When he was in eighth and ninth grade, though, his team compiled a combined 14-3 record and twice won the championship in the Louisiana Christian Schools Athletic Association.

Still, it isn’t easy when close to half of his team graduates every year – and almost none of the newcomers have played football before. Therefore, he not only has to work hard to improve his own talents, but by necessity also must fulfill a major coaching role.

“It’s really hard,” Douglas told MaxPreps. “My spring training is teaching those (new) guys from the ground up. Our coaches do a great job, but I also coach a lot. To a degree, it’s burdensome, but football is an 11-man sport and just how it has to be. I could get frustrated or take advantage and try to be a leader.”

This year’s team has 20 players and a 10-game schedule. For the first time, three of the players are not homeschooled. It has no home field, so games are spread around the Baton Rouge area. Opponents include several teams from the Mississippi Private School Association. Crowds range from 150 to 500.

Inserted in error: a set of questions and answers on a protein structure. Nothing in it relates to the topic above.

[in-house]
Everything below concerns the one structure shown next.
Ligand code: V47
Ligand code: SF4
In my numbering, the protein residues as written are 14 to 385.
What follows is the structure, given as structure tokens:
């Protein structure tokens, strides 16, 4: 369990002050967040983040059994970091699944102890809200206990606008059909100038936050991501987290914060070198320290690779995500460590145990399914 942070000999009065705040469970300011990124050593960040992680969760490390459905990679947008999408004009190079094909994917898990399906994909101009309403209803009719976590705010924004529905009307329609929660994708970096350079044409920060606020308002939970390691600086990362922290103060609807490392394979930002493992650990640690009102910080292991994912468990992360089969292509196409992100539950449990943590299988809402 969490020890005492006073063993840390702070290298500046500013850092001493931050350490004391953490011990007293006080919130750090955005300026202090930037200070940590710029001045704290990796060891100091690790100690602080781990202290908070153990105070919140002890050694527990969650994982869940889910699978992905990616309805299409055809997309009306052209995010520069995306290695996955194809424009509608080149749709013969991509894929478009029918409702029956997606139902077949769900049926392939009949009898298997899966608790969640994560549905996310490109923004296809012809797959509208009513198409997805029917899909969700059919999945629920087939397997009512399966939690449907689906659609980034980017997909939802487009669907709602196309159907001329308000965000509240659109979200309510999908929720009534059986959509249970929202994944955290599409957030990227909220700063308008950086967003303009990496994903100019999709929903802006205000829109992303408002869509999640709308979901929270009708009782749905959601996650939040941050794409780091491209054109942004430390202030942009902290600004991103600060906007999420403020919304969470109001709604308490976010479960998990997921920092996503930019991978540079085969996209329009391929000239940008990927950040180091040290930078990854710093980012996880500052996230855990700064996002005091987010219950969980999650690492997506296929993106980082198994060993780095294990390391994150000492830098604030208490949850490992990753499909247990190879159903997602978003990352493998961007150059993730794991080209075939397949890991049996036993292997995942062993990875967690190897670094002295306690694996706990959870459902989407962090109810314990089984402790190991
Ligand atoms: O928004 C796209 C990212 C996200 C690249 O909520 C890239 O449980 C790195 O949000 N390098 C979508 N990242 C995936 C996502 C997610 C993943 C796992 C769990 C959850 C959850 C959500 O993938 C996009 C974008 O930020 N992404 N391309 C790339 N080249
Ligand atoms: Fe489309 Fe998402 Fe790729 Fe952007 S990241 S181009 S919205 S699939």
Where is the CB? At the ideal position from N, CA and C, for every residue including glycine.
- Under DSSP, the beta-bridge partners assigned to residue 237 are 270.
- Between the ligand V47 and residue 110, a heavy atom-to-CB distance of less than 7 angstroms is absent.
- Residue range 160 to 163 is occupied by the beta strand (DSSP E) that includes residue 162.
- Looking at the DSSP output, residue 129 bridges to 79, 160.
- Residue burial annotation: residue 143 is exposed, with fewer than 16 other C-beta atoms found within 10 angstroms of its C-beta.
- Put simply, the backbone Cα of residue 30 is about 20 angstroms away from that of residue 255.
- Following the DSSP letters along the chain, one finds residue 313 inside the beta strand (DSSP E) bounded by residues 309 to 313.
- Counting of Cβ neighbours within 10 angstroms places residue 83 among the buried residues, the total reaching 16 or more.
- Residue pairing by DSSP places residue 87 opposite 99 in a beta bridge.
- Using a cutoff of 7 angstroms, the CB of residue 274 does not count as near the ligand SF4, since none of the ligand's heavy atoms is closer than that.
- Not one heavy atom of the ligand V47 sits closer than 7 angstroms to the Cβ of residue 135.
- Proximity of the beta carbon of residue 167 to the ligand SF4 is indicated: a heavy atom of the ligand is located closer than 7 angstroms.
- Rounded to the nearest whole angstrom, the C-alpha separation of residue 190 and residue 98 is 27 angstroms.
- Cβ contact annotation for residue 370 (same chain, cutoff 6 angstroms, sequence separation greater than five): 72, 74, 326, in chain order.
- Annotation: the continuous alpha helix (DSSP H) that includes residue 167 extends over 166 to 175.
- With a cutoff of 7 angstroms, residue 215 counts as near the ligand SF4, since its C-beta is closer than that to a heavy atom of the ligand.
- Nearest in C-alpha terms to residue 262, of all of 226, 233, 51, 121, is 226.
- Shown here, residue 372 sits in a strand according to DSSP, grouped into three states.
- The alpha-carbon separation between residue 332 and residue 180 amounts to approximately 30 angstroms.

Douglas is optimistic about the 2009 campaign, which opens Friday against Wilkinson County Christian Academy, because he’ll be protected by his best-ever offensive line, which averages 250 pounds. He also has a very talented sophomore running back, Ronald Brown (5-6, 175), whom he calls “our wonder man. On paper we look really good.”

Meet Stevie Douglas
Stevie’s father, Steve Douglas, a former college player and high school coach, is the Patriots’ head coach. Though each player must pay $250 to compete (includes insurance, etc.), Steve Douglas foots the bill for most of the team expenses. He also does all the scheduling and is the trainer because, as his son puts it, “He’s the only one who knows how to tape ankles. We wouldn’t be where we are without him.”

The senior Douglas noted that homeschool football is “really starting to catch on here – there are 8,000 homeschooled students in Louisiana. There probably will be more in the future. I think it’s going to continue to grow. It’s probably not the best way to get publicity (for a scholarship), but it’s more for teaching the Christian world view.”

Steve Douglas, who put a nerf football in his son’s hands five minutes after he was born, has done everything he can to direct him toward a college football career. That means sending him to every camp and combine that he can find to achieve maximum exposure.